Slayer said goodbye to Omaha in a way we would not soon forget.
If you were there, I bet you can still feel it in your chest this morning, a deep thrum imparted there by the thunderous thrash metal titans. Perhaps you still feel the scald of the huge flames that shot skyward throughout the epic concert.
On Monday night, Slayer bid farewell to Omaha with one final, fast, frenetic set as its farewell tour winds down within the next several days.
Was it the loudest concert in the arena’s history? Perhaps. I’ve seen quite a few there, and I don’t ever remember earplugs barely providing a defense. Such was the case for Slayer’s onslaught of songs such as “Raining Blood,” “Born of Fire” and “World Painted Blood.”
Tom Araya, Kerry King, Paul Bostaph and Gary Holt shook the very walls of CHI Health Center while devoted fans slammed around in the arena’s packed lower bowl in a celebratory release of aggression.
Metal’s that kind of genre. It lets you get those feelings out with wild fury if need be, and King’s slamming guitars and Araya’s aggressive howl are your muse. Quite a crowd gathered for the catharsis. There were kids and adults with canes, men in motorcycle club cuts and women in cardigans, people in Punisher hats and folks in standard-issue black T-shirts. And maybe half the crowd rocked some kind of Slayer apparel — T-shirt, hoodie, tattoo, whatever.
Fair warning: Metalheads of Omaha may limp into work Tuesday broken or battered or bruised or tired or late. Or perhaps not at all.
Why? They were subjected to a gauntlet of heavy metal Monday night as Slayer smashed through a lengthy farewell set and Primus, Ministry and Philip H. Anselmo & the Illegals each gave their own hourlong seminar.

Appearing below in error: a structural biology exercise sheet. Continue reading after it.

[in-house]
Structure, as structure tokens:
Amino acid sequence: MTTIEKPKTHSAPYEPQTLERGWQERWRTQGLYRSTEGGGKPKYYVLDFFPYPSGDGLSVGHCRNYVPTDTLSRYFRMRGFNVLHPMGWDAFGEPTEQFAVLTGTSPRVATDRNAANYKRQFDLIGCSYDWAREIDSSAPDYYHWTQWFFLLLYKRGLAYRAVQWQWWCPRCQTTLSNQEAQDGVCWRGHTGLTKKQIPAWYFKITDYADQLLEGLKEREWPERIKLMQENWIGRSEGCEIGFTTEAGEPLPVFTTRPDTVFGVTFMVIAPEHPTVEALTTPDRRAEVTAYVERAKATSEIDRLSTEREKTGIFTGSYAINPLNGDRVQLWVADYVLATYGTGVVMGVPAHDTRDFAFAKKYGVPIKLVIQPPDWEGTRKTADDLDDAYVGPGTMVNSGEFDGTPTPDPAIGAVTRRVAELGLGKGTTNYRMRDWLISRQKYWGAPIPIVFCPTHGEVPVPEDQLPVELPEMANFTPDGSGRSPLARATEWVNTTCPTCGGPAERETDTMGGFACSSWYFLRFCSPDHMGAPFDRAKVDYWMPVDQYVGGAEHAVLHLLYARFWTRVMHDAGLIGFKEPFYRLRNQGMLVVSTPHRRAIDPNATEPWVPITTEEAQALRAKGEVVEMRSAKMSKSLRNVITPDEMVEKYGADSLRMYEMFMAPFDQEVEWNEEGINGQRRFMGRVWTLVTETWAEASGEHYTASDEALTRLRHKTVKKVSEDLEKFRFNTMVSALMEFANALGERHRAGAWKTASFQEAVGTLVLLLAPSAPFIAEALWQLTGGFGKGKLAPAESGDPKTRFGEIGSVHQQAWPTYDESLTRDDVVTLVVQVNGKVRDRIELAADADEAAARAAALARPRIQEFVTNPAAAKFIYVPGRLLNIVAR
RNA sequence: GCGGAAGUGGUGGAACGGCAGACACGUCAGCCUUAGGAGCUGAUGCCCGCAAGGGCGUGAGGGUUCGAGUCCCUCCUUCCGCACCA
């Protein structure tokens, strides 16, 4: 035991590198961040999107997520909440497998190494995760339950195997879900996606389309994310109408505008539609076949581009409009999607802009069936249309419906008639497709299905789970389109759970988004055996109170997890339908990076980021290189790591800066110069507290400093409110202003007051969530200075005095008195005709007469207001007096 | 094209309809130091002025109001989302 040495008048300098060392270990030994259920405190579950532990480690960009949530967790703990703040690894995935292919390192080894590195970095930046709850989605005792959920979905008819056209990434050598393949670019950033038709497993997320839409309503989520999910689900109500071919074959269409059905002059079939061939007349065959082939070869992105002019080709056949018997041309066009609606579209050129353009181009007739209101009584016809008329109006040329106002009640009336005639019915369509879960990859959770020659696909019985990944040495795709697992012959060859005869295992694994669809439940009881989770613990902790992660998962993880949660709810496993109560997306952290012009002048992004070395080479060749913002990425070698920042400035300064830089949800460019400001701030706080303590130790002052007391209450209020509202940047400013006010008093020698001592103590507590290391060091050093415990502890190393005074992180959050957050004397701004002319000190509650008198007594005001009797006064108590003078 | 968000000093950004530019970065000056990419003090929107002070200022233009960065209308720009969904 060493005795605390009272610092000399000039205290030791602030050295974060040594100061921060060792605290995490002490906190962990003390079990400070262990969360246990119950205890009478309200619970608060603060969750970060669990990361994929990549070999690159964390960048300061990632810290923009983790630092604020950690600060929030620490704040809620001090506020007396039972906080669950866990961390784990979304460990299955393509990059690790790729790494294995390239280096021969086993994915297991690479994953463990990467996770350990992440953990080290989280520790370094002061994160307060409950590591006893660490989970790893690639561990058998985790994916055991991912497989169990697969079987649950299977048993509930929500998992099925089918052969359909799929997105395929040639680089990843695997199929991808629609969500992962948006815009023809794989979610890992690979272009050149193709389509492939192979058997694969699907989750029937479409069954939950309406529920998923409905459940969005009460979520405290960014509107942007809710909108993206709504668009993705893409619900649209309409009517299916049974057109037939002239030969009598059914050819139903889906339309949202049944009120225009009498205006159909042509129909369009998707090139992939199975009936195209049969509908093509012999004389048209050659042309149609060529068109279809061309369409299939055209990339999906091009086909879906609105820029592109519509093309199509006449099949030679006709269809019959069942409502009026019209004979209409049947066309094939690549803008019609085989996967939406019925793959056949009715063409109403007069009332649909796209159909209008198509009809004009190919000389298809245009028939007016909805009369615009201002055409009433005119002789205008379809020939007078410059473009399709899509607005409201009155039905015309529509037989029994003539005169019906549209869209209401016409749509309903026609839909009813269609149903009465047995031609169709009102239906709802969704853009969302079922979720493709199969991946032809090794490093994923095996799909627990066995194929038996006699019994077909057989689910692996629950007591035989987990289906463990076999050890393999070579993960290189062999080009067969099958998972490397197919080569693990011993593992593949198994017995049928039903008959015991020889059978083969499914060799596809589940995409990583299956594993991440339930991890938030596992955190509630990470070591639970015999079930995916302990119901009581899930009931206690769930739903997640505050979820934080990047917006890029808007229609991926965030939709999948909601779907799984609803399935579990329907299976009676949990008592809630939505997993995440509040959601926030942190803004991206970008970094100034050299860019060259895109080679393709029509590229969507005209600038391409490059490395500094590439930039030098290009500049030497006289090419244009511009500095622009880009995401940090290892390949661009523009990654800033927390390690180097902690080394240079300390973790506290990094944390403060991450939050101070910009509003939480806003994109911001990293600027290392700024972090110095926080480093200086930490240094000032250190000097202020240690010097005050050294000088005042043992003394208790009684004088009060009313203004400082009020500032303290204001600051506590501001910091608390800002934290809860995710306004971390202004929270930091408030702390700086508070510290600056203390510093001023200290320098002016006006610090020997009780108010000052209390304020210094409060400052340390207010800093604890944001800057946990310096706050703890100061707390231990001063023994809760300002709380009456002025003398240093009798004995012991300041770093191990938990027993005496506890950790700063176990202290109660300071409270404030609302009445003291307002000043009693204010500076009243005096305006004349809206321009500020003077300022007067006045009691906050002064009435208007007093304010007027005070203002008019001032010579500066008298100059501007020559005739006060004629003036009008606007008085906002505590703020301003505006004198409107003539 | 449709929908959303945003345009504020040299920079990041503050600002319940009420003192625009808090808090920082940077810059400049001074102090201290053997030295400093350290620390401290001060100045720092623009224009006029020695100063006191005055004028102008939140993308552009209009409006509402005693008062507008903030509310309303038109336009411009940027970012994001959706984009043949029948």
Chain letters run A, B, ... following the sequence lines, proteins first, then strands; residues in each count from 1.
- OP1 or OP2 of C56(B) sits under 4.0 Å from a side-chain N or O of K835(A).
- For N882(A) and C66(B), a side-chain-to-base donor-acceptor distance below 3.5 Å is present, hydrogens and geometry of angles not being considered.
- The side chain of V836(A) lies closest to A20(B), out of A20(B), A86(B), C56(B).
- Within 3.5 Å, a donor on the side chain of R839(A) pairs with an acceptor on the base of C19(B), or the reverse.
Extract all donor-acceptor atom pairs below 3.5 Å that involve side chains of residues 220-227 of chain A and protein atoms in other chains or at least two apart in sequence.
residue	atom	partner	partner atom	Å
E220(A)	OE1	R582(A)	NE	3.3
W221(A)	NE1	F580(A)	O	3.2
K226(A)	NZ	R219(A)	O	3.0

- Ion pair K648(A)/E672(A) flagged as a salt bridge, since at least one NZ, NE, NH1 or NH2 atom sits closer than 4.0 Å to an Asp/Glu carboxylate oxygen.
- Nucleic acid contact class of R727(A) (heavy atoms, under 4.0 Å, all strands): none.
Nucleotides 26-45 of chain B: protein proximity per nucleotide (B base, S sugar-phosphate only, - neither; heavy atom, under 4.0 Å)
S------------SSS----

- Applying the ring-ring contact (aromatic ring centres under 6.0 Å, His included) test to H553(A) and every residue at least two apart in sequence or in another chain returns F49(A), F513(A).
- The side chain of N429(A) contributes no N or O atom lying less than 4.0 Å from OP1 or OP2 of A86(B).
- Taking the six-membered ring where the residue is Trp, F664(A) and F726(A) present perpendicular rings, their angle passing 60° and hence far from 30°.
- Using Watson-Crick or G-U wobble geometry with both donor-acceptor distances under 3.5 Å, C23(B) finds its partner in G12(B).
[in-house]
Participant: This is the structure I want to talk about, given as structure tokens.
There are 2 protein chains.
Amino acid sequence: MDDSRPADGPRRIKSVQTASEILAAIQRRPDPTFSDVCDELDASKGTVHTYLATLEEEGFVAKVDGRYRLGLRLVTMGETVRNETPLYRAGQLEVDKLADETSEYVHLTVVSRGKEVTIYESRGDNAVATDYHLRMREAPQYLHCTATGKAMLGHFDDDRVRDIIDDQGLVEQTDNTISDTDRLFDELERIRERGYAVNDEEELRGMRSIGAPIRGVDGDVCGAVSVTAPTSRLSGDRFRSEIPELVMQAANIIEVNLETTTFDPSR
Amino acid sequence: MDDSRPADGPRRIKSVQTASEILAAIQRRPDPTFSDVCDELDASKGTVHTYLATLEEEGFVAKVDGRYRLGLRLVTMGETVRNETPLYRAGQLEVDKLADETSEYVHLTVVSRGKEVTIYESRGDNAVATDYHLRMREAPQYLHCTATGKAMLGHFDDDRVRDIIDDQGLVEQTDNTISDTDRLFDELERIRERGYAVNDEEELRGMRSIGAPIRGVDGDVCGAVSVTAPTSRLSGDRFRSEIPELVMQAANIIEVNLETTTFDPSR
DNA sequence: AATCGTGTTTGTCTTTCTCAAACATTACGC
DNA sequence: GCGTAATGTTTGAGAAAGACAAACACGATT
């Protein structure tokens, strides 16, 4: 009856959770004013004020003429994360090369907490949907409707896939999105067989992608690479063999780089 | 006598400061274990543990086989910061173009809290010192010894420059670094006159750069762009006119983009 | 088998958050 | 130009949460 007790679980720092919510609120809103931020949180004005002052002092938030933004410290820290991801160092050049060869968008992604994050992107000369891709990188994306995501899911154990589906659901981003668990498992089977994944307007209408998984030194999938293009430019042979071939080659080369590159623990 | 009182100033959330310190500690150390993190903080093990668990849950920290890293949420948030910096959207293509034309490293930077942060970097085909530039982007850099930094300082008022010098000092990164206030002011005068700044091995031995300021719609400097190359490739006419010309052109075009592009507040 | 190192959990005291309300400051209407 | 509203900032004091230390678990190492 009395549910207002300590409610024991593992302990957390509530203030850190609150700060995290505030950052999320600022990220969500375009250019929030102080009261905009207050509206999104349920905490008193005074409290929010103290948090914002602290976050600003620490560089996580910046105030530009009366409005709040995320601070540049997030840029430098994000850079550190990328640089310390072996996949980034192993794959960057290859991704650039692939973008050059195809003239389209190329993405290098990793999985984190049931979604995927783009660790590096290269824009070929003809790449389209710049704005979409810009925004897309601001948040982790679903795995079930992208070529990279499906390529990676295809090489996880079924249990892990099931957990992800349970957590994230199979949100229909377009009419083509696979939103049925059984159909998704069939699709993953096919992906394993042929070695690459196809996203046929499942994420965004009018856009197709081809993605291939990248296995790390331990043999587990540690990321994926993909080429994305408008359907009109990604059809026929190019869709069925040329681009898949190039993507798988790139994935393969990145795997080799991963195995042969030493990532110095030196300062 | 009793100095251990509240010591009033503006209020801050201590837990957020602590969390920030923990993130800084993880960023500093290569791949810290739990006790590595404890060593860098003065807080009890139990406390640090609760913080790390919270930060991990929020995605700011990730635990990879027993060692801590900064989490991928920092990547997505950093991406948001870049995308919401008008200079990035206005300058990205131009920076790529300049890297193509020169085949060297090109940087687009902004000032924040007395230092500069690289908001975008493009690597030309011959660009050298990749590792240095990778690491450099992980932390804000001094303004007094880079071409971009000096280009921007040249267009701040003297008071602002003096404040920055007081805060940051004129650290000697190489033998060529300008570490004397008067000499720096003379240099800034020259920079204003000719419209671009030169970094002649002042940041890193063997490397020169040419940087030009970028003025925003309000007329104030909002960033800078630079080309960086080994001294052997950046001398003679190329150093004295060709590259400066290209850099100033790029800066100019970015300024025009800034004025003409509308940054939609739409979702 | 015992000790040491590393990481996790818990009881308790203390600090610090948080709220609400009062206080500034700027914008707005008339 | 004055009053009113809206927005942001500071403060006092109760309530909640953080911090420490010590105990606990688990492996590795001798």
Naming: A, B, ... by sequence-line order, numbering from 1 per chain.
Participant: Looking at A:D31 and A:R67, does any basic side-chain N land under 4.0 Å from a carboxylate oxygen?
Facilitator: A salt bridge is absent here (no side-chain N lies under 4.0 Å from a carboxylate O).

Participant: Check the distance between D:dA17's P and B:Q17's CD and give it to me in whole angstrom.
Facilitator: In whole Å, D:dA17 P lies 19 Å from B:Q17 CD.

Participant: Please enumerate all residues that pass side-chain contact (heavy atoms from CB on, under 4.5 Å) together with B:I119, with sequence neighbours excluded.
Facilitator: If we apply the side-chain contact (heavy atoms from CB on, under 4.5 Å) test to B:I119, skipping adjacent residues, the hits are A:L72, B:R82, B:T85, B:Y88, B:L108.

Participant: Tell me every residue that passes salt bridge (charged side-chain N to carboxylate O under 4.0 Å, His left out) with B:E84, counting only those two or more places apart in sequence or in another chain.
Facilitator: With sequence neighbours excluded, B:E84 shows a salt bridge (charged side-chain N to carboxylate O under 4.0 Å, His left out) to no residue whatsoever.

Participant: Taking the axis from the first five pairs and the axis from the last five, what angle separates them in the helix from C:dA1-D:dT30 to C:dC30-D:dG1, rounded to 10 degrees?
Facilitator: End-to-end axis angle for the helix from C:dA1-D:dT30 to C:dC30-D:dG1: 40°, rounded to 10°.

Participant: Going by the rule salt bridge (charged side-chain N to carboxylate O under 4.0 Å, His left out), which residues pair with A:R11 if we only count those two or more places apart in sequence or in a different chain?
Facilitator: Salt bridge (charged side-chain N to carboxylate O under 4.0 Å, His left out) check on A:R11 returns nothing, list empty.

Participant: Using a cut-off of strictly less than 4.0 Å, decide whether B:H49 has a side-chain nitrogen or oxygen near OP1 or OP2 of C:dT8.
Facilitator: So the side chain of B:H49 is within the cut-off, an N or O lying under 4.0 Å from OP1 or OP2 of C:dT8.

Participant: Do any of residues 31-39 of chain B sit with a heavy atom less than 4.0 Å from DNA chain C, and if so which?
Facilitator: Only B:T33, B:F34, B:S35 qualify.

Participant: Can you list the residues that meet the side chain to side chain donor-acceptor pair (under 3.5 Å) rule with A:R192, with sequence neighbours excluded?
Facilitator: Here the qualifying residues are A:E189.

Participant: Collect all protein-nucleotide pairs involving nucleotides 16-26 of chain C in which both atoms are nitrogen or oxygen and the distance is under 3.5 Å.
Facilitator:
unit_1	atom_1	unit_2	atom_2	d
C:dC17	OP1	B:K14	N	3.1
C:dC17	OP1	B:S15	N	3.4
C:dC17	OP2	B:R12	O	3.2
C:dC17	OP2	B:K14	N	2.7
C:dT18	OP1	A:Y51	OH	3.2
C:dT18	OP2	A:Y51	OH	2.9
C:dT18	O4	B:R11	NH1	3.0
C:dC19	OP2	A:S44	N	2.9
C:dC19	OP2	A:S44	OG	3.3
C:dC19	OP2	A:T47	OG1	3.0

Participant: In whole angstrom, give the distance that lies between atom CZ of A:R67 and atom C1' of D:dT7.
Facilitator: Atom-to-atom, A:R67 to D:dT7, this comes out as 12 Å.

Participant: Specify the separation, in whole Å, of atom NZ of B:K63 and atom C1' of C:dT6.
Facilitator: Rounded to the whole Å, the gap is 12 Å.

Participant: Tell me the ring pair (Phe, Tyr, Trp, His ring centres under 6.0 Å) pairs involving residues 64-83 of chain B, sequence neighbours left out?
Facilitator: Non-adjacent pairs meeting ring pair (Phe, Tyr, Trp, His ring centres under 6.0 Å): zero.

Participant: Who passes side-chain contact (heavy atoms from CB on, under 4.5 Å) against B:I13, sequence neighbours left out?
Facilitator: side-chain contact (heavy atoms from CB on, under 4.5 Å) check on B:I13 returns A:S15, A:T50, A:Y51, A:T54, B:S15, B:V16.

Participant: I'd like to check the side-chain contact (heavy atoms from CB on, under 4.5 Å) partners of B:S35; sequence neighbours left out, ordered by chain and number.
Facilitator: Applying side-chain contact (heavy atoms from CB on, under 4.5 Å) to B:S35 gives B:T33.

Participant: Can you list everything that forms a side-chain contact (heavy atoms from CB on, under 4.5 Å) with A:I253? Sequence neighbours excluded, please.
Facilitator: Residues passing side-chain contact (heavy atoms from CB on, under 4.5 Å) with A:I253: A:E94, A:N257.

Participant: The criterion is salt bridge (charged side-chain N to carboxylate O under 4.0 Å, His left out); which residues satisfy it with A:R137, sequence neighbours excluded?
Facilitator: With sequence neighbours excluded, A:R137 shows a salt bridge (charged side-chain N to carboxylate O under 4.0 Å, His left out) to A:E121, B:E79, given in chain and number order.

Primus delivered a host of its weirdo rock including songs such as “Wynona’s Big Brown Beaver,” “Jerry Was a Race Car Driver” and “Mr. Krinkle.” And stuck in the middle of a bunch of metal bands, Primus was perhaps the most gifted group musically. Bandleader and bassist Les Claypool stomped around the stage while hammering out head-spinning basslines while Ler LaLonde and Herb Alexander held songs down through time changes and complicated riffs.
Led by the dreadlocked and much-pierced Al Jourgensen, Ministry rocked through a load of thunderous, grinding industrial metal including “Jesus Is My Hot Rod” while headache-inducing strobes — the only things that lit up the stage — flashed incessantly.
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As for Anselmo, he led his solo band through a set list that was completely filled with songs from the band that made him famous: Pantera. Dedicated to his late former bandmates, Dimebag Darrell and Vinnie Paul, the set included “Strength Beyond Strength,” “Mouth for War,” “Becoming,” “Hostile” and “Walk.”
There for Slayer, fans knew every word to those Pantera songs and shouted them along with Anselmo’s aggressive growl. Meanwhile, they formed a massive swirl of bodies as a circle pit formed in the center of the packed arena floor.
And it went on and on: Slamming songs. Slamming bodies. Head-banging towers of flame.
Fans hung with Slayer till the end as they played songs such as “Angel of Death” and “Chemical Warfare.”
Fans didn’t want it to stop.
Seemingly, neither did the band. When it all came to a close and the lights went up, Slayer's King, Bostaph and Holt walked the lip of the stage tossing out guitar picks and drum sticks.
Araya stood on the corner of the stage and admired the audience. Those who remained showered him with applause, and he nodded at fans and took short bows.
Then he approached the microphone one last time.
"Thanks for hanging around. Thanks for being a part of this," he said. "You were a part of my life. I'm gonna miss you guys."
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